Introduction: MP3 Cassette Solution
So I'm stuck with a cassette player in my rusted Magna. I needed tunes but was fed up with the cable from the cassette adapter to the MP3 player cluttering up the console.
I needed a freakish solution.
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Step 1: The Lucky Find,
My original MP3 Player was too fat for this mod. Luckily there exists an Ipod Shuffle knock-off for less than AU$30! Having a generic 5pin USB connection was also handy. After taking out the main screw, and a few minutes of coaxing...you have the wafer thin innards on the desk and some spare parts.
Step 2: The Trusty Cassette Adapter
These can be found nearly anywhere. Most major electrical outlets stock them, but they can be bought more cheaply from your local soiled sillys or clazy crarks. Hang onto the cable - this is useful for testing the audio playback before the final solder. The model that I used had a removable audio plug that could be plugged into either of the two 2.5mm sockets.
Step 3: Open Them Up!
Here we can see the innards of the adapter and the naked mp3 player. In my case I stripped out all of the plastic cogs to make room for the player. A miracle! The wafer thin player fit snugly between the plastic pegs inside the adapter. (Some shaving of these pegs with a sharp knife helped - and some pegs had to be cut out alltogether.)
Step 4: Nearly Done...
After the player was positioned thus...I did a test close. Bugger, the wafer thin battery wasn't 'wafer thin' after all. It had to be gently unstuck and laid to the right side of the shell. Connecting the audio out from the player to the audio in on the adapter is actually a cinch. After stripping back the 3.5mm headphone jack that came with the kit...it was plugged into the player as usual (removing one of the 2.5mm jacks in the cassette shell to make room). The wires were then soldered colour to colour on the remaining 2.5mm jack. This fed audio into the cassette adapter, and also back out the socket for testing. To charge the thing...another cut down USB adaptor. The kind you pick up from Woolworths that come in a set of 'keys' with a m/f cable.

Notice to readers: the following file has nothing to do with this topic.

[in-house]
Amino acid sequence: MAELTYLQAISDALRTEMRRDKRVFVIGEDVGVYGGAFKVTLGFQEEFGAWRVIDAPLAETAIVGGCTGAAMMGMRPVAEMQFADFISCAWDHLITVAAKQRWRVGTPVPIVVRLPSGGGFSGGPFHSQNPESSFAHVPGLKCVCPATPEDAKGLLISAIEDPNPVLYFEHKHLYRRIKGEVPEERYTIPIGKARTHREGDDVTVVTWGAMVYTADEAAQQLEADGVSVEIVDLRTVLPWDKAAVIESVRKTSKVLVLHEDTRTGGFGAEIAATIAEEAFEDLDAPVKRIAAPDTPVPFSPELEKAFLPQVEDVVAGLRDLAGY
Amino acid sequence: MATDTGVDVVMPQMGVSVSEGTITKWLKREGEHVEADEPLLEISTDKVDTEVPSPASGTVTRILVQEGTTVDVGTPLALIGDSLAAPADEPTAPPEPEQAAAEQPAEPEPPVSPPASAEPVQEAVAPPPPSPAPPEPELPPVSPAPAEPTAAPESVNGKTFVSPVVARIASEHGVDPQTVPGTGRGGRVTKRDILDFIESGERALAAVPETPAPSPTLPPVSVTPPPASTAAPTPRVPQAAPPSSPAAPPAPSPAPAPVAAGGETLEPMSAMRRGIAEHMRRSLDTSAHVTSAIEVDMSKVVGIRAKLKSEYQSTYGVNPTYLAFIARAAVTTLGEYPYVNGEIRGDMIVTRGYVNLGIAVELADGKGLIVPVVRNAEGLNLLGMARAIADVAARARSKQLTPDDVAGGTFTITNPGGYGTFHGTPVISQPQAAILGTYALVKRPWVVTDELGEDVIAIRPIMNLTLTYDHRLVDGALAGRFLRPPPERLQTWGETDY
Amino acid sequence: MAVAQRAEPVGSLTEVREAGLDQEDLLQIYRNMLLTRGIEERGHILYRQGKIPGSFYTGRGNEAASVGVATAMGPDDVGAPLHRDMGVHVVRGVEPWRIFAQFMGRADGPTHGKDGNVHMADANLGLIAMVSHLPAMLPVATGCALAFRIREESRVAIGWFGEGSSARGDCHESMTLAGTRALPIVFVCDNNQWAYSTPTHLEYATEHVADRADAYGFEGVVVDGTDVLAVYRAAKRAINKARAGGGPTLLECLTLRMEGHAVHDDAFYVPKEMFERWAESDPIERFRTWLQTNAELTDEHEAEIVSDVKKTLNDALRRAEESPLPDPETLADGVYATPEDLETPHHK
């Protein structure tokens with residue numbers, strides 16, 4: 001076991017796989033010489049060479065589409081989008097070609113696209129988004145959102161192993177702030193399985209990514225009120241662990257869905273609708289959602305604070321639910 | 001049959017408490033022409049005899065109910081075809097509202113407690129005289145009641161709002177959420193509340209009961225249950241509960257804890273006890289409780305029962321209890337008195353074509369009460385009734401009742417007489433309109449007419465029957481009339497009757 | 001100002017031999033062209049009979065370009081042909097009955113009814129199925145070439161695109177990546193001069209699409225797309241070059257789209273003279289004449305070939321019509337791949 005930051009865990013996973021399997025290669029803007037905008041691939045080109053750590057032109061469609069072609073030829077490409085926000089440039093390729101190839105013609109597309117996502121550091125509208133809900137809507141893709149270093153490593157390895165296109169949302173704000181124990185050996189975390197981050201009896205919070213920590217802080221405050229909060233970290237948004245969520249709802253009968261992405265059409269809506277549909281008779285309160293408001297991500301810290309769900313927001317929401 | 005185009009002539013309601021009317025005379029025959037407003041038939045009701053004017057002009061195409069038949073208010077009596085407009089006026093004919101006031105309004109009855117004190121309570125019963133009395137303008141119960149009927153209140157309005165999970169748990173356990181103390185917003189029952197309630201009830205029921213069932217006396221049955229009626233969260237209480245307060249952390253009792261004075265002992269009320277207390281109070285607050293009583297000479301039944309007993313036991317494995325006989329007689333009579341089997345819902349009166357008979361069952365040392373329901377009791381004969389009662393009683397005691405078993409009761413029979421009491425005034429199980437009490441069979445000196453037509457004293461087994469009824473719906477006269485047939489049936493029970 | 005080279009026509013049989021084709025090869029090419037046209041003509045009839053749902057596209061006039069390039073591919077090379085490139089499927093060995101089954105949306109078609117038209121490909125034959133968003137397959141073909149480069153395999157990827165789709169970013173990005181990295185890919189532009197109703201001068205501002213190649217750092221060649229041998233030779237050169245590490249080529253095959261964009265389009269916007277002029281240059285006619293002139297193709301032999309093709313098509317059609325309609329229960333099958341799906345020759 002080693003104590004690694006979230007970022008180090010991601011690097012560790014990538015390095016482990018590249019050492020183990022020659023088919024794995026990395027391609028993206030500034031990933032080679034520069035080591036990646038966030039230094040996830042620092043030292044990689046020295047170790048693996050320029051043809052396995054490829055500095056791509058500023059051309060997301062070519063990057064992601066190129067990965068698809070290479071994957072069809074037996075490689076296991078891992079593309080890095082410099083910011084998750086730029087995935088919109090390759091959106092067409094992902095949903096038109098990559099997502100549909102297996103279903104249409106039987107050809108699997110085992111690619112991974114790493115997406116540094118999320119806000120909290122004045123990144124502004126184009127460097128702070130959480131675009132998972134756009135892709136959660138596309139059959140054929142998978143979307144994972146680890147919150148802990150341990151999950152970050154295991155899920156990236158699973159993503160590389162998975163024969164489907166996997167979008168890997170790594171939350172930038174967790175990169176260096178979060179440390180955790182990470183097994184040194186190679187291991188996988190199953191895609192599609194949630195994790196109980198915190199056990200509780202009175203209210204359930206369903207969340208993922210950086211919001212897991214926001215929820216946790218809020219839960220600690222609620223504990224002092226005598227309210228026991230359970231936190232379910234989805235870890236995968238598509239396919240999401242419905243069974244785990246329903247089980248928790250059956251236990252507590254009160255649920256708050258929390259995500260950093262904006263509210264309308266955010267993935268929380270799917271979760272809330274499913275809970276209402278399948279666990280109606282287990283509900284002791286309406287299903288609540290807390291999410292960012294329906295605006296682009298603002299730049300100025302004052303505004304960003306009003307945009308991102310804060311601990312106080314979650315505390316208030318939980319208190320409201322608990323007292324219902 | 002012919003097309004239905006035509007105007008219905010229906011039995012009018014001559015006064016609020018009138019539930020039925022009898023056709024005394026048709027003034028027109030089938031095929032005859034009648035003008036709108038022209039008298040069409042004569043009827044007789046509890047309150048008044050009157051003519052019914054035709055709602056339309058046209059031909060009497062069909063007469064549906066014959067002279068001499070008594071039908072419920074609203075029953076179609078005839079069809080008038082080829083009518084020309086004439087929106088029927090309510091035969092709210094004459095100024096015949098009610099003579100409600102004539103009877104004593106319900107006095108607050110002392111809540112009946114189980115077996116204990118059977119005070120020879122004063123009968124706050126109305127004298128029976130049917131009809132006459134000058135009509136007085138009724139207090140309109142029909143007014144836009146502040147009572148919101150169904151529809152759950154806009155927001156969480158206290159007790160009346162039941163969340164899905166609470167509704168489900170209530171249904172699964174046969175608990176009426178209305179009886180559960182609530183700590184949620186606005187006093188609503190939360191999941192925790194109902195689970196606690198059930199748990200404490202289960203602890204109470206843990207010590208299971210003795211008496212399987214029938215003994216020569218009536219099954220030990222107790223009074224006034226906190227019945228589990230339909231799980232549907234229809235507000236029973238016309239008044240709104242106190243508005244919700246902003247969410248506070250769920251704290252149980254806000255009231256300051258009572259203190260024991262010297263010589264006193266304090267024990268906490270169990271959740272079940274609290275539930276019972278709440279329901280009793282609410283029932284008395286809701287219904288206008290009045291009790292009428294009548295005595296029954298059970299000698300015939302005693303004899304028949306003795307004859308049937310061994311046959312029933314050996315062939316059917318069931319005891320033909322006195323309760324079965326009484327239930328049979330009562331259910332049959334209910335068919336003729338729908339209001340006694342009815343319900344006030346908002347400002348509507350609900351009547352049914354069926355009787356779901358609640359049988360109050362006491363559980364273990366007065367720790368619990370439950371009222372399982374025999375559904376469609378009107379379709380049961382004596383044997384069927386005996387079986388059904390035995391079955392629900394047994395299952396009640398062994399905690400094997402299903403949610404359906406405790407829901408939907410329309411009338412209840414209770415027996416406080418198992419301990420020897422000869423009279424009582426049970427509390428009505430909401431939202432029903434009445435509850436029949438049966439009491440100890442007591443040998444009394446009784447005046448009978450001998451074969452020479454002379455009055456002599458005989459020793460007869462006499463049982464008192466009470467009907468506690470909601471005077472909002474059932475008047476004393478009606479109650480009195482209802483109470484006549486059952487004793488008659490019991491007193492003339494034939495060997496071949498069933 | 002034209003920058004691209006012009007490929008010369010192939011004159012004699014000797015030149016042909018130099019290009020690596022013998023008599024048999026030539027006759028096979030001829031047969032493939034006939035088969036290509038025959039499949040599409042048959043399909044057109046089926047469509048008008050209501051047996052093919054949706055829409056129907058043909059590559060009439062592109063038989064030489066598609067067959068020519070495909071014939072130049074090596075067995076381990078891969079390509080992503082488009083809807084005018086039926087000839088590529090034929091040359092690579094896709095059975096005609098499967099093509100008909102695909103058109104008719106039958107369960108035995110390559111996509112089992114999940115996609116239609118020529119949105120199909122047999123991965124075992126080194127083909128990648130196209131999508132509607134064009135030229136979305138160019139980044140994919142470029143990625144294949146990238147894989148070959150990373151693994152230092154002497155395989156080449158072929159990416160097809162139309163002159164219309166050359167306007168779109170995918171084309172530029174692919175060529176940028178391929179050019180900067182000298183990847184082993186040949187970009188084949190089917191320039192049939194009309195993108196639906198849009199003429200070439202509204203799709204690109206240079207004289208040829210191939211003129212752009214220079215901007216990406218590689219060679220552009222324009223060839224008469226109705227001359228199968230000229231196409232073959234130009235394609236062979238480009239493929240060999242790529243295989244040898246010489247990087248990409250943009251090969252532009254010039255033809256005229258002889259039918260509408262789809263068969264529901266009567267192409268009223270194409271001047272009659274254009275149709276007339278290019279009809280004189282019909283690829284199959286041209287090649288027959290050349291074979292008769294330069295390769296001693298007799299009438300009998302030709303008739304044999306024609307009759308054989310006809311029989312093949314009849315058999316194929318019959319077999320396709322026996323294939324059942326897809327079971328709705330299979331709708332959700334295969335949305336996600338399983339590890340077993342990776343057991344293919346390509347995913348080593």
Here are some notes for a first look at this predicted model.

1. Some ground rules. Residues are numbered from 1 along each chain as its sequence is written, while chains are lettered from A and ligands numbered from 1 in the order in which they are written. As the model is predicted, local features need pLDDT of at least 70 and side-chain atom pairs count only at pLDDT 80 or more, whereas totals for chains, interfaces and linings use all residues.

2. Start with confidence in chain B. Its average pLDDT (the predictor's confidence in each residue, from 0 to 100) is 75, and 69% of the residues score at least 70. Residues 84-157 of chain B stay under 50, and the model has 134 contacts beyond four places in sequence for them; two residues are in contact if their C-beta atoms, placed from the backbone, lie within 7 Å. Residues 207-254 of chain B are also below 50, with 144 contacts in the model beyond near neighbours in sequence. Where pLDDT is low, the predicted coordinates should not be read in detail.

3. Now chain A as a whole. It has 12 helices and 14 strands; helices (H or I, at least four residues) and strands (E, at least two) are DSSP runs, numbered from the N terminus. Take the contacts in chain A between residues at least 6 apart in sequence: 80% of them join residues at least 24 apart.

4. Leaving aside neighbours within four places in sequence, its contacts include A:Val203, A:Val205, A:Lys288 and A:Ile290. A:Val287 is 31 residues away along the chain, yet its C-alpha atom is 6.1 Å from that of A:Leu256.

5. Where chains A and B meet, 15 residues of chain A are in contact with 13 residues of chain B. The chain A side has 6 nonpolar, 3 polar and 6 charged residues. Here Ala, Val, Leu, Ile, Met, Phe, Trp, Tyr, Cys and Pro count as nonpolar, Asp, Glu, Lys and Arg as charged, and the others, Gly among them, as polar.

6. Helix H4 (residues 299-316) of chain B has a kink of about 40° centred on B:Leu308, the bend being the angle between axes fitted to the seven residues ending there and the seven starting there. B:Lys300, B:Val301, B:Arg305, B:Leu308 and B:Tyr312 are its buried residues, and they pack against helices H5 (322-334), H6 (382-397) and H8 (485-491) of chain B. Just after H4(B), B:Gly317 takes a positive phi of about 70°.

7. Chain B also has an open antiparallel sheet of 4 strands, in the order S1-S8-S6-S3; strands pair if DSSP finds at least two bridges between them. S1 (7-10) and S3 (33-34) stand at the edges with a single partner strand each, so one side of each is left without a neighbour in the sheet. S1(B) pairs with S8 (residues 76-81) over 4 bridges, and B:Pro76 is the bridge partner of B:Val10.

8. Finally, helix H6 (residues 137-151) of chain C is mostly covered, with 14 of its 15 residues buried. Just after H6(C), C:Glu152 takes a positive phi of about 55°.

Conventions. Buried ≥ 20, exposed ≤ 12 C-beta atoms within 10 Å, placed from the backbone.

The look on my co-workers faces the next day was priceless. For a cheap mp3 player it managed about four hours of playback before needing a charge. It certainly helped during the Sunday shift. For now though - it's back in the car for you mate.
Step 5: The Final Word
Watch this space for the finished item...
Upside - The admiration and frank disbelief gleaned from your peers (One of the audience actually let out a squeal of wonder at the absurdity).
A cassette that'll play 4 hours worth of whatever you feel like.
Less wear and tear on the old Magna's stereo.
Downside - Really it's a beta model. Haste, lack of sleep and the frantic urge to create helped to balls it up a bit.
. The plastic Play/pause pad went missing...so currently it's a pen poked in the backside to start the machine.
. The low clearance of the Cassette adapter's shell meant that parts had to be filed out - else the cassette would stick in the stereo.
. A bodgy job of soldering meant that Side A was loud and tinny, and side B was quiet and Basey (Built in equalizer perhaps?)